Civil law is an indispensable part of our lives; almost every aspect of our daily activities falls under its purview. From even before a person is born, to their interpersonal relationships with other people or with their assets, until their death, civil law plays a crucial role in upholding balance and justice. This article will discuss the definition of civil law, the subjects and objects of civil law, the principles underpinning civil procedure, and the procedural flow in handling civil dispute.
What is Civil Law?
Civil law comprises regulations governing interpersonal relationships within society aiming to protect the rights and interests of individuals. Unlike criminal law, which focuses on the relationships between individuals and the state, civil law is private, which concerns the rights, obligations and interests of individuals or other entities, e.g., organizations, in their interactions with one another.
Based on legal knowledge, there are four main categories of the Indonesian civil law:
- Personal Rights Law (Personen recht);
- Family Law (Familierecht);
- Property Law (Vermogensrecht); and
- Inheritance Law (Erfrecht).
Meanwhile, based on the books of the Indonesian Civil Code or Kitab Undang-Undang Hukum Perdata (“KUHPerdata”), the following are the four main categories of the Indonesian Civil Law:
- Book I of Persons (Orang);
- Book II of Objects (Benda);
- Book III of Obligations (Perikatan); and
- Book IV of Proof and Expiration (Pembuktian dan Daluwarsa).
Subjects of Civil Law
In civil law, legal subjects consist of natural persons and legal entities. Natural persons are individuals on which civil law is binding even before their births, to their births, throughout their lives, until their deaths. Apart from individuals, legal entities are also subjects of civil law as they can hold rights similar to those of individuals, such as the rights to own properties, to participate in legal processes, and to sue or be sued against other subjects of civil law. Therefore, the legal subjects of civil law, which encompass both individuals and legal entities, have similar legal characteristics.
Objects of Civil Law
The objects of civil law are things regulated by the law that individuals can utilize in accordance with their rights and obligations over those objects. 1 In civil law, objects are regulated by Book II KUHPer. It is important to note that the concept of objects in civil law is broader than mere physical objects like goods. In the KUHPerdata, an object is everything and every right that may be owned or possessed. Examples of objects in civil law include land, buildings, vehicles, copyrights, trademarks, patents, and financial instruments such as bonds, etc. All these objects can become the property of legal subjects in accordance with the law governing their rights and obligations.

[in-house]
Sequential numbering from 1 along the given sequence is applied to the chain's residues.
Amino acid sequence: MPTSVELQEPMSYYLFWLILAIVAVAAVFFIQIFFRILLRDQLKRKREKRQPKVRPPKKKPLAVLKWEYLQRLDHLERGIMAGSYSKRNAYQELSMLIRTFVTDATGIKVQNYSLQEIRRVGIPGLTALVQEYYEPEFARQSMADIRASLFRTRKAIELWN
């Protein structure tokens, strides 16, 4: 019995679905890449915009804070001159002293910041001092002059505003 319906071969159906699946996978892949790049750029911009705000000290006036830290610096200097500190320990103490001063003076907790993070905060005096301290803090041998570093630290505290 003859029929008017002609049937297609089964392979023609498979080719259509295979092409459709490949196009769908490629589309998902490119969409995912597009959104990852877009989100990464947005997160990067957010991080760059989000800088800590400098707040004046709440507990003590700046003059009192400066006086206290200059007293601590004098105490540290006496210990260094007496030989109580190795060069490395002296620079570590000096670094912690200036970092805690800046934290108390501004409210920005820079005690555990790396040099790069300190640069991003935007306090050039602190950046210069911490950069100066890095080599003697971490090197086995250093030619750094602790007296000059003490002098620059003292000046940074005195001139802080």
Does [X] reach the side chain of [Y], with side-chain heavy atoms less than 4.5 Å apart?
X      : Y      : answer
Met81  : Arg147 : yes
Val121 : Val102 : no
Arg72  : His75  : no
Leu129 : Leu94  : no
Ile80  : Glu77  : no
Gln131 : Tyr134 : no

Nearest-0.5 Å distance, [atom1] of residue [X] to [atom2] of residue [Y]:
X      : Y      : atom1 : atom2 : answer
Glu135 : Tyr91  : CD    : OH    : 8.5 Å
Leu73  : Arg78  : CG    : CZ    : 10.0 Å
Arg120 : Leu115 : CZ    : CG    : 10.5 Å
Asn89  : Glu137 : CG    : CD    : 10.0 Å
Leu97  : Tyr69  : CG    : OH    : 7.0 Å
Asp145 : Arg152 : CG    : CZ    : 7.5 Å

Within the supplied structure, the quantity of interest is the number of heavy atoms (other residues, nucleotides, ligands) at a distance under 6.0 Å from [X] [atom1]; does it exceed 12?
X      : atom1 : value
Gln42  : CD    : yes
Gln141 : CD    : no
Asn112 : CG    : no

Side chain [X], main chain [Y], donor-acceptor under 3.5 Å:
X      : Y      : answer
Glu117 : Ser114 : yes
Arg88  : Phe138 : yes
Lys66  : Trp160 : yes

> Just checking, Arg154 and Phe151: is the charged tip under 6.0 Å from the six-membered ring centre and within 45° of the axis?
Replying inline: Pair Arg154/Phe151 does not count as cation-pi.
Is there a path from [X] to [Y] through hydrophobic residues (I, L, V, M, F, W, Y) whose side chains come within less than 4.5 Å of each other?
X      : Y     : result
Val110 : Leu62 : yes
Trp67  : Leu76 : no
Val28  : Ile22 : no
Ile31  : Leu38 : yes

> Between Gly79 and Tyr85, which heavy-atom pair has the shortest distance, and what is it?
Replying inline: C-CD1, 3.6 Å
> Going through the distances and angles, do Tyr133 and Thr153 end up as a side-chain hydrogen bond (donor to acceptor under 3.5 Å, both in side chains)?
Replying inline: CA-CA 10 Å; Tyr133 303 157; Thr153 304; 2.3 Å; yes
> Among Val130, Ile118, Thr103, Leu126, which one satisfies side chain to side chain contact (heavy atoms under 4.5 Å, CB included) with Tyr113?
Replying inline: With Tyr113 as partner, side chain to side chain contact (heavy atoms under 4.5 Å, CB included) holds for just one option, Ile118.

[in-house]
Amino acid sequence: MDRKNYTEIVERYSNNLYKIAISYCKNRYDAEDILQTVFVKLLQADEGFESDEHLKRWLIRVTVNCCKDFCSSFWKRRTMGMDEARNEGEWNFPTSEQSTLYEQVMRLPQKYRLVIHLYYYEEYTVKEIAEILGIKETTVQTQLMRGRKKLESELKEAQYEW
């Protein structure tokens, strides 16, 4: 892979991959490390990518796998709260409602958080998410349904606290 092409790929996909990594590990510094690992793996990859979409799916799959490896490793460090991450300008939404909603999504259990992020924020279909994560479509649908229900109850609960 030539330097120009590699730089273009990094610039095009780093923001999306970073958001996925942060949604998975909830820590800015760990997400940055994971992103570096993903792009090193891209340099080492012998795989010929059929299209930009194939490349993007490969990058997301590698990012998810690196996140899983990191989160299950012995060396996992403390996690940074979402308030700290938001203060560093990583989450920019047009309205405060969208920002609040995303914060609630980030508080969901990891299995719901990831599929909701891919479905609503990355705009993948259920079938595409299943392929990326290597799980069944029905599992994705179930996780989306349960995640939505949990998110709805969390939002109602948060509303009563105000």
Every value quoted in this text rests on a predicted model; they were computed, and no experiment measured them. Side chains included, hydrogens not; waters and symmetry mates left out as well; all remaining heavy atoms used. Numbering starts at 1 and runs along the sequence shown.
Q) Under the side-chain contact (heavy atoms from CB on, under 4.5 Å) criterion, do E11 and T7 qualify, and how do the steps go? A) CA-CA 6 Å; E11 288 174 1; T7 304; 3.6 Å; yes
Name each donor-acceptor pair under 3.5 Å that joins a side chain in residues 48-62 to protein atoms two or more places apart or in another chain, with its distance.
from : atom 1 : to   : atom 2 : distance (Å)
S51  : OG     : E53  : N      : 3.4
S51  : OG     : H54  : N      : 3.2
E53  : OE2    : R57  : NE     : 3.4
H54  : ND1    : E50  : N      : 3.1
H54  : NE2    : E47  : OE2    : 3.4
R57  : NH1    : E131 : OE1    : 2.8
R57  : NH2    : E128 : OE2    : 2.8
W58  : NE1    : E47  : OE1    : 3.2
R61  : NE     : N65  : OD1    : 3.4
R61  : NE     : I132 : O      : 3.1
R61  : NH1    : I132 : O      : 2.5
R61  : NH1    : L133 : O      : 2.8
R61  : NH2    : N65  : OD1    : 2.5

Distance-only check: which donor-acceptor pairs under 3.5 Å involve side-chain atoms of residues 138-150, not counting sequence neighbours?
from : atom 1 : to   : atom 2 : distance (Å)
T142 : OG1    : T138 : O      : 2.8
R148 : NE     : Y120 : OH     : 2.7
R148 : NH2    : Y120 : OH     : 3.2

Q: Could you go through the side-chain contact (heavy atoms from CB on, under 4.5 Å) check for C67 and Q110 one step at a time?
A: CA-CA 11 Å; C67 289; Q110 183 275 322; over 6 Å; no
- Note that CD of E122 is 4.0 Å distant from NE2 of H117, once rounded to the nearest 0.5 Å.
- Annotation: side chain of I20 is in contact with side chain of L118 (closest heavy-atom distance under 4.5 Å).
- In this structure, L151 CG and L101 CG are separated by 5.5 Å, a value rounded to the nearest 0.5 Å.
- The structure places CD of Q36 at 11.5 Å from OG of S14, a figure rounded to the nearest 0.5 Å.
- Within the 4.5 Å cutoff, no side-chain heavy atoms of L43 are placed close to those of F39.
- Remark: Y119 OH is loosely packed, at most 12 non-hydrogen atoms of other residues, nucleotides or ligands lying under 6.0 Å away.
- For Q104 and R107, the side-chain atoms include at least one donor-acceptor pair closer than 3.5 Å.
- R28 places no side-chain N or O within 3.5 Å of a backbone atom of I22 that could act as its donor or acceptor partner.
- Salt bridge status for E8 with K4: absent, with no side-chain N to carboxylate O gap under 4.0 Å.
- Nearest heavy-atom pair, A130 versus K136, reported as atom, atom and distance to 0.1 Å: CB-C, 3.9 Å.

Book II of the KUHPerdata, which concerns Objects, operates under a closed system, meaning that the rights over objects (hak kebendaan) under civil law can only be regulated by and must fully adhere to laws, without exception or alteration.
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The Enforcement of Civil Law and the Principles of Civil Procedure Law
Despite its nature as private law, civil law, like other laws, can be enforced. Book IV of Proof and Expiration in the KUHPerdata addresses the methods and procedures for proving obligations and resolving disputes, and includes provisions related to evidence, witnesses, and litigation processes, all of which are parts of the enforcement system of civil law. Notwithstanding the explanation above, the enforcement procedure of civil law is regulated in a separate branch of law, which is the Civil Procedure Law.
Principles in Civil Law serve as guidelines in the conduct of civil proceedings in the court. These principles play a crucial role in providing legal protection, ensuring transparency, and ensuring justice for all parties involved in a civil case. The following are the principles of Civil Procedure Law formulated based on the opinions of legal experts, which are used as the basis for the creation of the new Civil Procedure Law in Indonesia: 2
- The Principle of the Indonesian Rule of Law (Asas Negara Hukum Indonesia): This principle is of utmost importance and closely correlates with the Indonesian judiciary. It is also related to other principles such as the principle of democracy, family values, balance, independent judiciary, deliberation, and equality before the law.